The Year of the Goat: Students, hosts share custom
Exchange students and their host families celebrated the Chinese New Year recently at Wesleyan Methodist Church, on Center Street in Bethlehem. The event, hosted by New Oasis International Education, Allentown Central Catholic HS, and Bethlehem Catholic HS, and also attended by Pius X Catholic HS students, provided an opportunity for Chinese and American students to engage in a cultural exchange and perhaps stave off a bit of homesickness the exchange students might have felt.
New Oasis International Education's mission is to improve the quality of study abroad opportunities for international students by bringing high school students to the United States where they attend high school from ninth to 11th grade.
"The students stay with their host families until graduation," says Tammy Becker, Homestay manager. "The students return home in the summers, but graduate from here."
Nine months is a long time to spend away from all that's familiar, and because the Chinese New Year, which follows the lunar calendar, always falls on the second new moon after the winter solstice, Chinese students studying in the United States spend this significant holiday away from their homes and families.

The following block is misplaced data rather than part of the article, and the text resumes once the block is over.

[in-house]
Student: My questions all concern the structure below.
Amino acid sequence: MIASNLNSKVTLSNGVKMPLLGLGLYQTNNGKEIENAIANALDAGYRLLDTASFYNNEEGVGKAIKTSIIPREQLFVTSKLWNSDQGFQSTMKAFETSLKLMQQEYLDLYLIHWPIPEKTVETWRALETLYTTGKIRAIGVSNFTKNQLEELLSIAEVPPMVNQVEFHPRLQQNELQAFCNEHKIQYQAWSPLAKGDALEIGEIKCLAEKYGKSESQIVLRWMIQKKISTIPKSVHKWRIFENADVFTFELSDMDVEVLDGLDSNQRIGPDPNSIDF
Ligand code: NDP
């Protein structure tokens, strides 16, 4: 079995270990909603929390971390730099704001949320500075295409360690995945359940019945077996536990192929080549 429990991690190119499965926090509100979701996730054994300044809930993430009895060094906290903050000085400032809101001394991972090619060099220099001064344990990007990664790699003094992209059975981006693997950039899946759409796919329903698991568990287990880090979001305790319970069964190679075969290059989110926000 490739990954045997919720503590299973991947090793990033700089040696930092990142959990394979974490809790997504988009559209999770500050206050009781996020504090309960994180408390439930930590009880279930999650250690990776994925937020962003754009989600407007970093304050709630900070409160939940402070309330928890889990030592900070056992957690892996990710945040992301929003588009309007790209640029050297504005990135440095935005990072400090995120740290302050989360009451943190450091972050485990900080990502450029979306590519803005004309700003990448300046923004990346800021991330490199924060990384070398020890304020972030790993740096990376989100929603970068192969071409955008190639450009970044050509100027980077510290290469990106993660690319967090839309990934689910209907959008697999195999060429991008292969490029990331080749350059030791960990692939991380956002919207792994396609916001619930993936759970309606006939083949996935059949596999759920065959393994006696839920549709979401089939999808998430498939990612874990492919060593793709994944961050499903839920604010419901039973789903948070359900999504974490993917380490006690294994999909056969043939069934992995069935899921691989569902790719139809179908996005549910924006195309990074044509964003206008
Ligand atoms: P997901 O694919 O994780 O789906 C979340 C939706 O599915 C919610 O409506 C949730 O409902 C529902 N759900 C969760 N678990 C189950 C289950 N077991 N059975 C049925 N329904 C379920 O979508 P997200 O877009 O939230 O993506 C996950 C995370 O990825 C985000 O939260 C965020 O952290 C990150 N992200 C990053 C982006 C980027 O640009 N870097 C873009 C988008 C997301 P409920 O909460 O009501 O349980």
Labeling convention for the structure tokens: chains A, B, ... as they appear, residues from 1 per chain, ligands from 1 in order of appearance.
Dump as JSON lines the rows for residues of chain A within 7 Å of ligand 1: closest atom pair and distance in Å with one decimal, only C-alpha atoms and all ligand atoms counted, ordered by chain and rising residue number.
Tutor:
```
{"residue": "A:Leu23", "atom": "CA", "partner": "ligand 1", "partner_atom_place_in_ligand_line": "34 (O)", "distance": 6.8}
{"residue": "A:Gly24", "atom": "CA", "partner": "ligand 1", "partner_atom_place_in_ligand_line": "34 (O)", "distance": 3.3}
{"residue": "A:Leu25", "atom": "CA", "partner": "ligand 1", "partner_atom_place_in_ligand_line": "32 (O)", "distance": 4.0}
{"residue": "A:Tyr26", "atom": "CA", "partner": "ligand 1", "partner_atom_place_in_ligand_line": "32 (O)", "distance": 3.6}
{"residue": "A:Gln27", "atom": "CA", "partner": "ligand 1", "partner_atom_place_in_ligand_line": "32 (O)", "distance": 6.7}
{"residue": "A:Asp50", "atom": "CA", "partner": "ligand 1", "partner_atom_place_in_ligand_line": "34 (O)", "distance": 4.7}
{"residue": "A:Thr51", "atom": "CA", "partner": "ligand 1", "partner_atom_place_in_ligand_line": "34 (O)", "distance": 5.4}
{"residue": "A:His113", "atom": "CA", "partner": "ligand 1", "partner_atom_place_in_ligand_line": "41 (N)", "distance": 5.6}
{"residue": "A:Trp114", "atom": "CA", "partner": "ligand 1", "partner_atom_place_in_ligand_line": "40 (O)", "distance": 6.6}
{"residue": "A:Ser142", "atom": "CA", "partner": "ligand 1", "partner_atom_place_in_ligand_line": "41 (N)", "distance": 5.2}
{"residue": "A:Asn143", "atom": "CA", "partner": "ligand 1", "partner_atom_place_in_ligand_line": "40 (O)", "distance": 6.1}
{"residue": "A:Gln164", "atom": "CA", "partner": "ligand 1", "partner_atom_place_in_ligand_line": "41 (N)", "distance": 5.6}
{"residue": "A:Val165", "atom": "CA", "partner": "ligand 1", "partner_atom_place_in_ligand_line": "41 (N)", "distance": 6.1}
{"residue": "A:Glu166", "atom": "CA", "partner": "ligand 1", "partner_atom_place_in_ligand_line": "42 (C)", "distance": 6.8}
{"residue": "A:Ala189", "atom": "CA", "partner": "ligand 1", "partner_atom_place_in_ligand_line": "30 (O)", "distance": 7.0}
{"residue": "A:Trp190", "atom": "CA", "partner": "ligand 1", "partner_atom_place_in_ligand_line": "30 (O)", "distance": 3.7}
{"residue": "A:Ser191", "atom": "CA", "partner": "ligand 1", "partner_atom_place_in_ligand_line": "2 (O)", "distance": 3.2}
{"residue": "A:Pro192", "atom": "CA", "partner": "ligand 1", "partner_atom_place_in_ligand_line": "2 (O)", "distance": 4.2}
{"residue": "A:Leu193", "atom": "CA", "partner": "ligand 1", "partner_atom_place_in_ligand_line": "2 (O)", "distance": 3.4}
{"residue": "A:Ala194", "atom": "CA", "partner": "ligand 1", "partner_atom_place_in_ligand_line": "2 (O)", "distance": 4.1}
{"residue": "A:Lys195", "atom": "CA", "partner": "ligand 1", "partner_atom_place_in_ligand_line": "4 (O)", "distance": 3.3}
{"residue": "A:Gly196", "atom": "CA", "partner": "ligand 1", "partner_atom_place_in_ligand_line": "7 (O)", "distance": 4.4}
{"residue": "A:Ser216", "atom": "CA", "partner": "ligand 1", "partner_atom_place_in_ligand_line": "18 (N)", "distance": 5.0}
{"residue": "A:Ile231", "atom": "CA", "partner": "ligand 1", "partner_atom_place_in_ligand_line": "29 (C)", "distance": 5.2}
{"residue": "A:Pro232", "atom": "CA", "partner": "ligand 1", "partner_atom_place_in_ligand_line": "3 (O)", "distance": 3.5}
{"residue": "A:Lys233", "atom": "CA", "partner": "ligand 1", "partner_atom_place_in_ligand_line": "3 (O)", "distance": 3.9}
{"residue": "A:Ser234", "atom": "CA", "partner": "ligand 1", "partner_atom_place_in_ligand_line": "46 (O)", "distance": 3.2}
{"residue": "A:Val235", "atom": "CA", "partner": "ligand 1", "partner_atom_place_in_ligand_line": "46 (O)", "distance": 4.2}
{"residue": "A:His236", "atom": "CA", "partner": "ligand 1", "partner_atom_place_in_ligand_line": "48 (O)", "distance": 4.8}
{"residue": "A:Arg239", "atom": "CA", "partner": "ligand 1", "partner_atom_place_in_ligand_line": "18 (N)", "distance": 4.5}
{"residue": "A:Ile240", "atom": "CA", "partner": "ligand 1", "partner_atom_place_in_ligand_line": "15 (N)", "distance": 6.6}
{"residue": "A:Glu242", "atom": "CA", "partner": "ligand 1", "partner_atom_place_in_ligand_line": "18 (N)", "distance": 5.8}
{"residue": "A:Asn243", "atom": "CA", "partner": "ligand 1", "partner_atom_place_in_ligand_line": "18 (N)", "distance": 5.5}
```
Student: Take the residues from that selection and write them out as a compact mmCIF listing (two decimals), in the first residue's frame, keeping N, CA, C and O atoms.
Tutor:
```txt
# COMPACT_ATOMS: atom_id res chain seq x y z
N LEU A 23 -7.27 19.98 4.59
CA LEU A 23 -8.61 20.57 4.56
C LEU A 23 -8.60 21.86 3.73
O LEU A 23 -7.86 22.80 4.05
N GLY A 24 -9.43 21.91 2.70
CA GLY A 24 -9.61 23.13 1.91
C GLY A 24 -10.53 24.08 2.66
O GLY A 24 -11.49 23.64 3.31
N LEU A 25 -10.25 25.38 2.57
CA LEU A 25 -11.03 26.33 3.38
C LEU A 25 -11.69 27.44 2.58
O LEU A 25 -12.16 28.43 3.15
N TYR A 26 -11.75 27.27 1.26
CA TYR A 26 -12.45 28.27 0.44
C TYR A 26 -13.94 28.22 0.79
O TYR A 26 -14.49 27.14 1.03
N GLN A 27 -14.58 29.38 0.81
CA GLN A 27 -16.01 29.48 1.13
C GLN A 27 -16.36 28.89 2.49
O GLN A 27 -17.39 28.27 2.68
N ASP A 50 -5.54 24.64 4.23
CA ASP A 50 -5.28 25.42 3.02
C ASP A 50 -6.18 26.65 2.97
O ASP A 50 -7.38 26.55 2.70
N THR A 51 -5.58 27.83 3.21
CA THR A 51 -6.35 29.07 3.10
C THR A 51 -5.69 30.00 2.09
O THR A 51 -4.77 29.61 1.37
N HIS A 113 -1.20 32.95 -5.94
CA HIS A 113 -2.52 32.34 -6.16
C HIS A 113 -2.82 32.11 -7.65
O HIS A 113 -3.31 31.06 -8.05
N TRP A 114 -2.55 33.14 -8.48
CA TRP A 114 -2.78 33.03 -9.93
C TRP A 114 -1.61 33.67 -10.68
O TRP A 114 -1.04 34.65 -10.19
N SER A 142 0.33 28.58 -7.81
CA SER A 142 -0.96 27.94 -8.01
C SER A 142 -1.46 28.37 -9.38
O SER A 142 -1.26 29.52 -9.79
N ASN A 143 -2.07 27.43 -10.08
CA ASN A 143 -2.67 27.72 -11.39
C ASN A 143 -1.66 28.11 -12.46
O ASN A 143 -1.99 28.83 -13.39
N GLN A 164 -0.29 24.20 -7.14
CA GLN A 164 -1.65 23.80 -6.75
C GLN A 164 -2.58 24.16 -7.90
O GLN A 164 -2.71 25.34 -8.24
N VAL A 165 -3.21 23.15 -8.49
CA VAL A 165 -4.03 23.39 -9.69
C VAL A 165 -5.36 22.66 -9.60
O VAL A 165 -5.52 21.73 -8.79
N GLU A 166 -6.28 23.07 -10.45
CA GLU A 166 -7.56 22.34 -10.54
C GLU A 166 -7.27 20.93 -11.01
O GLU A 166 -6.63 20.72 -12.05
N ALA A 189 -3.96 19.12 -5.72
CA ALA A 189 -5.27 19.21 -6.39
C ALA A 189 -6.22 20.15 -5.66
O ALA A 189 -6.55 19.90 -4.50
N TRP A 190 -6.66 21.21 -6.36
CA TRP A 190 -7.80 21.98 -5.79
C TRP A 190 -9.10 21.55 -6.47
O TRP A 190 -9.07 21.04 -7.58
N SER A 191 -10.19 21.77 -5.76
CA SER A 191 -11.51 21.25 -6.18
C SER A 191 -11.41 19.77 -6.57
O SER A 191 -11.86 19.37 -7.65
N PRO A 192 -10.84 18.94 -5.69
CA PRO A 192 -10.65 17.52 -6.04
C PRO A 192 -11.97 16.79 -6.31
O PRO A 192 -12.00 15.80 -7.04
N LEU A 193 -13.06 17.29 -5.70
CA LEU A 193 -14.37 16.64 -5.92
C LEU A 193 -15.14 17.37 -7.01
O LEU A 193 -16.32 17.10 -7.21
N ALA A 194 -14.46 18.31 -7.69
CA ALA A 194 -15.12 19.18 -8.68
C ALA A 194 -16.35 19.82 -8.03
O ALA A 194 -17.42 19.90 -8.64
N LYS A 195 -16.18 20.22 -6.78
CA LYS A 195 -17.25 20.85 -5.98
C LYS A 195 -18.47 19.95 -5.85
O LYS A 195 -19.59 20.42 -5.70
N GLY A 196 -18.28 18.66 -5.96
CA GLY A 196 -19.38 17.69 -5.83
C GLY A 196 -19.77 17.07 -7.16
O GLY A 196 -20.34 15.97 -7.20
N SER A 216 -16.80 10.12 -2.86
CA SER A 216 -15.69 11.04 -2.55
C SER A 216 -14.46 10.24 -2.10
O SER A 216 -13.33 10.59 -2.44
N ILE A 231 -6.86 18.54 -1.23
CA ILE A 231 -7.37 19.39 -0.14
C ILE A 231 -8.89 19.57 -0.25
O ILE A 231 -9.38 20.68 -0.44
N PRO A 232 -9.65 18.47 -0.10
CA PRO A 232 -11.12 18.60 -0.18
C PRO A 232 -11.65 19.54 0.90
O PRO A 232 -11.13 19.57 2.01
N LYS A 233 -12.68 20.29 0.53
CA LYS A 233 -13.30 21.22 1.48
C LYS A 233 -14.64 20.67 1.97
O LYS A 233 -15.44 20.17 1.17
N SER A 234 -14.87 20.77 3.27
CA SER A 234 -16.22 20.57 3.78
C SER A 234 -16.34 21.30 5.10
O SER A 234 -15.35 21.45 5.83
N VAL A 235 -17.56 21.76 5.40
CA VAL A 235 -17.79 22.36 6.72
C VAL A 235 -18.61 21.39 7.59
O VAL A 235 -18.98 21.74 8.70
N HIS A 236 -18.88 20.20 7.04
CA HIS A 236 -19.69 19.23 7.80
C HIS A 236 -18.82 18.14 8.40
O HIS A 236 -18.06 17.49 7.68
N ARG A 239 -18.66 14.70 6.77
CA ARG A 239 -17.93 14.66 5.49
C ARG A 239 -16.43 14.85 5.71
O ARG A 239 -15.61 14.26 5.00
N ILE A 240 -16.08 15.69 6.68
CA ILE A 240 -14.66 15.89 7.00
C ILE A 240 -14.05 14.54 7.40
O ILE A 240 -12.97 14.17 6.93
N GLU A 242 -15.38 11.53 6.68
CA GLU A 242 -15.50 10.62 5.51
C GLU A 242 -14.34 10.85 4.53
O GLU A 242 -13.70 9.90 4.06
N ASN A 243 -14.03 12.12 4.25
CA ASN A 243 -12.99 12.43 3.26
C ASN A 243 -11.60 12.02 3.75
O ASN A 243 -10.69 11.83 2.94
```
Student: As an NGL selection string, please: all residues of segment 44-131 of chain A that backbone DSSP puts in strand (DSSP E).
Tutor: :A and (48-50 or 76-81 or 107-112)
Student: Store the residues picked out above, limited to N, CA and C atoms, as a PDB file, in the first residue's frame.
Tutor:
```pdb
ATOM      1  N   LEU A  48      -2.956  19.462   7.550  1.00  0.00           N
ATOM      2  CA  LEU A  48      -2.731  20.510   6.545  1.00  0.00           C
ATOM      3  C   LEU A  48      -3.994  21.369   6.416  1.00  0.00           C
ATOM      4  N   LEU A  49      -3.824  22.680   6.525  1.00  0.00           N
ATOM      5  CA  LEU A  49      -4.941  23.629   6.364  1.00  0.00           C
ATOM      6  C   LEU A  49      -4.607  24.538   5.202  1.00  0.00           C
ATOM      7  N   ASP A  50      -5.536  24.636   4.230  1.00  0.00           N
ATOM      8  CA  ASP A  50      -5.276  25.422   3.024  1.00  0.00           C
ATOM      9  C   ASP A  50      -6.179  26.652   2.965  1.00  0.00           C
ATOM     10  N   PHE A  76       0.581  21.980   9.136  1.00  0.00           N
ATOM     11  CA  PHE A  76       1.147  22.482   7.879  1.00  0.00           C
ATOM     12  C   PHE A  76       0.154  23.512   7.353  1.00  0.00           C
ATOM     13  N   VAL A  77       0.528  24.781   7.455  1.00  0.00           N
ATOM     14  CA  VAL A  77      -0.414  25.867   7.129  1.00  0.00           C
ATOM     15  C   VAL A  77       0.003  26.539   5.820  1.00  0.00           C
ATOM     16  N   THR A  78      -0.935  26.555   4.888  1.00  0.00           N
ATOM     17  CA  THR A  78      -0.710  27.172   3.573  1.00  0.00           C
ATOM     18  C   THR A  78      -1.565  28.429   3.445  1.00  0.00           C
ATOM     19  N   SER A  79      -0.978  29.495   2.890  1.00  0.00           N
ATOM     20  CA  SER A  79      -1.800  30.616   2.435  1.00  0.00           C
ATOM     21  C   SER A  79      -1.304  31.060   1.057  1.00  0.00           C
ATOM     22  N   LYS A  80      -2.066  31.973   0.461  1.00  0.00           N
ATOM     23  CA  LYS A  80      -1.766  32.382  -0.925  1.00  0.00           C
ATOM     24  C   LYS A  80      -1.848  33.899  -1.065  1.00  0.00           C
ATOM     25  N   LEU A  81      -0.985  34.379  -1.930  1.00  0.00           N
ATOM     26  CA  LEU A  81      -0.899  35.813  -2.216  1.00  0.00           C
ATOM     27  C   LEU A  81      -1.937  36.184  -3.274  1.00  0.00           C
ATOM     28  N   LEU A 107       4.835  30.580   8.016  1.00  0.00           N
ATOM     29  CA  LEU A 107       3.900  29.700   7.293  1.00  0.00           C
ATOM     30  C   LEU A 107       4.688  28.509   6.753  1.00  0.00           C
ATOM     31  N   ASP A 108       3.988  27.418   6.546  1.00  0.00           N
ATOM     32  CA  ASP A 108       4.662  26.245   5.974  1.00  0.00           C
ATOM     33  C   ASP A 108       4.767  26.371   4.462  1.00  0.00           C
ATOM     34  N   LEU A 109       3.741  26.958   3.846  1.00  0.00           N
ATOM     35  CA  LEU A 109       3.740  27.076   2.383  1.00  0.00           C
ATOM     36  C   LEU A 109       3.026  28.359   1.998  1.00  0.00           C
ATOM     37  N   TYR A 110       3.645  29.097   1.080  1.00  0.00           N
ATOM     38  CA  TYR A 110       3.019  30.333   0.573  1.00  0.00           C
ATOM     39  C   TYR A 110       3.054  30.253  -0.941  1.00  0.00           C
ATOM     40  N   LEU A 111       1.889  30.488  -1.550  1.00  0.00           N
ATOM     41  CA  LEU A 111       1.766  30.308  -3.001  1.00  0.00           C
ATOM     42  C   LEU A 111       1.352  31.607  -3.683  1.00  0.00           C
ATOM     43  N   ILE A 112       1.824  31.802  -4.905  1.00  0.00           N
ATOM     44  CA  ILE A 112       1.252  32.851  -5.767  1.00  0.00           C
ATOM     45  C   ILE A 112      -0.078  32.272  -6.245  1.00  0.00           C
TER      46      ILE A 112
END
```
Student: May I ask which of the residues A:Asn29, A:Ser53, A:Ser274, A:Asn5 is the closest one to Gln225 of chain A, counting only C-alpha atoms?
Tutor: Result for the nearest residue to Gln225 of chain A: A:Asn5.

During this holiday, celebrants light firecrackers, drum in the streets, light red lanterns that glow in the streets, and hang red paper cutouts and calligraphy on the doors. The celebration's final day concludes with the Lantern Festival.
New Oasis International Education thought it important to offer an opportunity for its participating Chinese students to share their custom with their American host families.
The students arranged the program themselves. The Chinese students shared their home traditions, and the students designed the invites, organized the performers - including dancers and vocal performances, created a Chinese New Year trivia game, and planned a menu of traditional Chinese foods.
Guests were treated to traditional foods including nian gao, or sweet sticky rice cake, and savory dumplings, which are round and symbolize never-ending wealth.
Approximately 165 people attended the program, including over 40 Chinese students and their host families, many wearing the traditional red, which corresponds to fire and symbolizes good fortune and joy.
The Chinese year coincides with the Chinese Zodiac. The 2015 Year of the Goat festival celebration began Feb. 19 and ended March 3.